Jewellers on Zurich’s most exclusive shopping street thought they’d found the perfect solution to the growing problem of ram raids.This content was published on October 17, 2003 - 10:51
Vexed by recent attacks in the town centre, the Bahnhofstrasse jewellers decided to place giant boulders in front of their shop windows.
The rocks were seen as an effective and cheap way of stopping the ram raiders – thieves who use stolen cars to smash their way into shops.
But having originally given its approval to the idea, Zurich’s civil engineering department received a number of complaints from pedestrians, as well as criticism from the police and fire brigade who said the rocks could restrict their access routes.
Now the jewellers have been told that the boulders will have to go.
“I think the rocks are a very good solution, and one that doesn’t cost crazy amounts of money,” Eugen Jost of the Christ jewellery store told swissinfo.
“I’m very surprised that there is suddenly a problem with them. I think they are beautiful, natural, Swiss mountain rocks – so why shouldn’t we be allowed to use them?”
The civil engineering department agrees that the rocks are inexpensive and do the job they were intended for, but insists that they were only ever meant as a temporary measure.
“Although the rocks are effective, there are some problems,” insists department spokesman Pio Marzolini. “They get in the way of rescue workers and of street cleaners.
"There are also lots of shoppers here on Saturdays who want to move freely without obstacles lying in their way, so this can’t be a long-term solution.”
Ironically, the popularity of the stones with the city’s shopkeepers is also proving a problem.
“As soon as we allowed the first lot of rocks to be installed, we had other shops in the neighbourhood calling up as if we were a pizza delivery service, and asking if they could have rocks too,” recalls Marzolini.
“We had to say no, because we didn’t want the stones spreading all across the city. It was just meant to be a short-term answer focusing on the shops most at risk.”
From jewels to clothes
Rather than putting an end to the ram-raiding problem, however, the rocks seem merely to have diverted the robbers’ attention elsewhere.
Of the six ram raids attempted in Zurich’s city centre this year, four took place after the introduction of the rocks in August.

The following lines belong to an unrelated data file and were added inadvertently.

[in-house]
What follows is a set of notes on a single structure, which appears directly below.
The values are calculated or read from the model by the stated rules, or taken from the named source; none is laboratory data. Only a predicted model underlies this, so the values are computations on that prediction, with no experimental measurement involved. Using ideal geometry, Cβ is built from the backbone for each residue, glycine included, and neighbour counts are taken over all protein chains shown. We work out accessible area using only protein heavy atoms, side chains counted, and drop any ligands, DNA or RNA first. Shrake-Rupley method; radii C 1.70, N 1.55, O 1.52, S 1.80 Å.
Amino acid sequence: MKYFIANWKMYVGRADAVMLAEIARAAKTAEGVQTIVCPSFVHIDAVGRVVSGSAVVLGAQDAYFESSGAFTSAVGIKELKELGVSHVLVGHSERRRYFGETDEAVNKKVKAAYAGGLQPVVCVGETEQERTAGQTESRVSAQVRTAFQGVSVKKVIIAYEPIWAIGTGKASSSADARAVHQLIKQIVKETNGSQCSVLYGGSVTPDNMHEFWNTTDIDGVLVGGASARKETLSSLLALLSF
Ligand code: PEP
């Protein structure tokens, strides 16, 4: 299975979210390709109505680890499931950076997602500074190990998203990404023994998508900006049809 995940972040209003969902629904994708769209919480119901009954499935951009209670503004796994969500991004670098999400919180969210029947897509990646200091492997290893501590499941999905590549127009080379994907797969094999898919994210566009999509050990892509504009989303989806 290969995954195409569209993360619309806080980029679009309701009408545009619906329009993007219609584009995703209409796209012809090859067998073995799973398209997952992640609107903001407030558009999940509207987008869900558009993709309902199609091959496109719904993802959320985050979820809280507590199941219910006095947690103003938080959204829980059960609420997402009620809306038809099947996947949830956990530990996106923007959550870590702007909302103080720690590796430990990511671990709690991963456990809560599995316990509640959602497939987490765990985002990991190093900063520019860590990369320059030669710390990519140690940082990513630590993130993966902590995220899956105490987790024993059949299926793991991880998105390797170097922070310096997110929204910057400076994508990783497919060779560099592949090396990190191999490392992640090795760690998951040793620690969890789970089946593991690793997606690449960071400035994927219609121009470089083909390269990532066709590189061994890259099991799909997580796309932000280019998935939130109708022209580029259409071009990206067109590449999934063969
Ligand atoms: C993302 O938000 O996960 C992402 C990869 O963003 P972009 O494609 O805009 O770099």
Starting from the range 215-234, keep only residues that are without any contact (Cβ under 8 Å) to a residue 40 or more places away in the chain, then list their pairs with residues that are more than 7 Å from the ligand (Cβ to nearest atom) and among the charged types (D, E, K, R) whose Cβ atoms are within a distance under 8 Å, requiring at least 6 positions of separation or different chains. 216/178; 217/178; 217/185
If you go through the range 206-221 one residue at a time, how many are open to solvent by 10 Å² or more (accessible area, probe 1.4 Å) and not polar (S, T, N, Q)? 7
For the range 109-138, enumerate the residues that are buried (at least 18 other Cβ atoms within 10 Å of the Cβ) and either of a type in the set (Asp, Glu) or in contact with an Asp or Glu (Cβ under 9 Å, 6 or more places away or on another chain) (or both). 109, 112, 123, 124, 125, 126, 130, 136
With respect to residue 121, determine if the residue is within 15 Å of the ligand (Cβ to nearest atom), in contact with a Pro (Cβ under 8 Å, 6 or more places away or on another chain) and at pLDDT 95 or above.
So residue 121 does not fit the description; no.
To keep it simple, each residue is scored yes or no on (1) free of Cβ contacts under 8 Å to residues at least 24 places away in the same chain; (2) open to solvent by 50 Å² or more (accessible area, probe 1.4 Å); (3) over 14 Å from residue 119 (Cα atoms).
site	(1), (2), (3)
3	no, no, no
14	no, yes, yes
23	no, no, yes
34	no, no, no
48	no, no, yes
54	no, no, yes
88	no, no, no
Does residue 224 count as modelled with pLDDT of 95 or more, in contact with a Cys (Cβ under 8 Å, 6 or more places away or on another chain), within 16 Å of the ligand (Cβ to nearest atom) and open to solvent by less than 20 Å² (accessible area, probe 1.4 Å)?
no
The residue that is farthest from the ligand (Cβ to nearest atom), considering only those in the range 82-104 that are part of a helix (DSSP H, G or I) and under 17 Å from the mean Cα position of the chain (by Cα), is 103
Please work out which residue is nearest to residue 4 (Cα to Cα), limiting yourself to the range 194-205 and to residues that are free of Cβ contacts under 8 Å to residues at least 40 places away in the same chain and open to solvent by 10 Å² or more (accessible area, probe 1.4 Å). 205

Unable to break into the jewellery stores on Bahnhofstrasse, the ram raiders simply went for other locations or other types of valuables.
Shop owner Hans Stäuli was one of those affected, when his designer clothes store was targeted by raiders last week.
“They smashed their way through the door using a Mercedes,” shrugs Stäuli, as workmen continue with the repairs. “They went straight for the Prada sports wear and left everything else – they knew exactly what they were after.
“It may have been the jewellers who were the main targets originally, but the thieves will simply pick other targets, whether it’s designer label clothes or whatever they decide to choose next.”
The good news for the stores already protected by boulders is that they will be able to keep them until at least the start of next year, by which point the civil engineering department hopes to have found a less controversial way of keeping the ram raiders out.
But since the authorities intend to keep the pavements clear of obstacles, any new proposal is sure to be more expensive than the placing of a few rocks.
“The new measures will concentrate on ways to strengthen the shops’ facades or the windows themselves,” says Marzolini, “perhaps by using railings or by recommending that the jewellers don’t have their windows running all the way down to the ground.
“We believe that the jewellers will have to meet the costs themselves. We’ve already had some jewellers insisting that it’s the state’s job to keep their businesses safe, but in our view it’s their responsibility to protect their own valuables.”
swissinfo, Mark Ledsom in Zurich
Ram raid rocks
This year has already seen six ram raids on shops in the centre of Zurich.
That compares to just three raids in the previous three years combined.
The city police say that around SFr1.5 million of goods were stolen in this year's raids.
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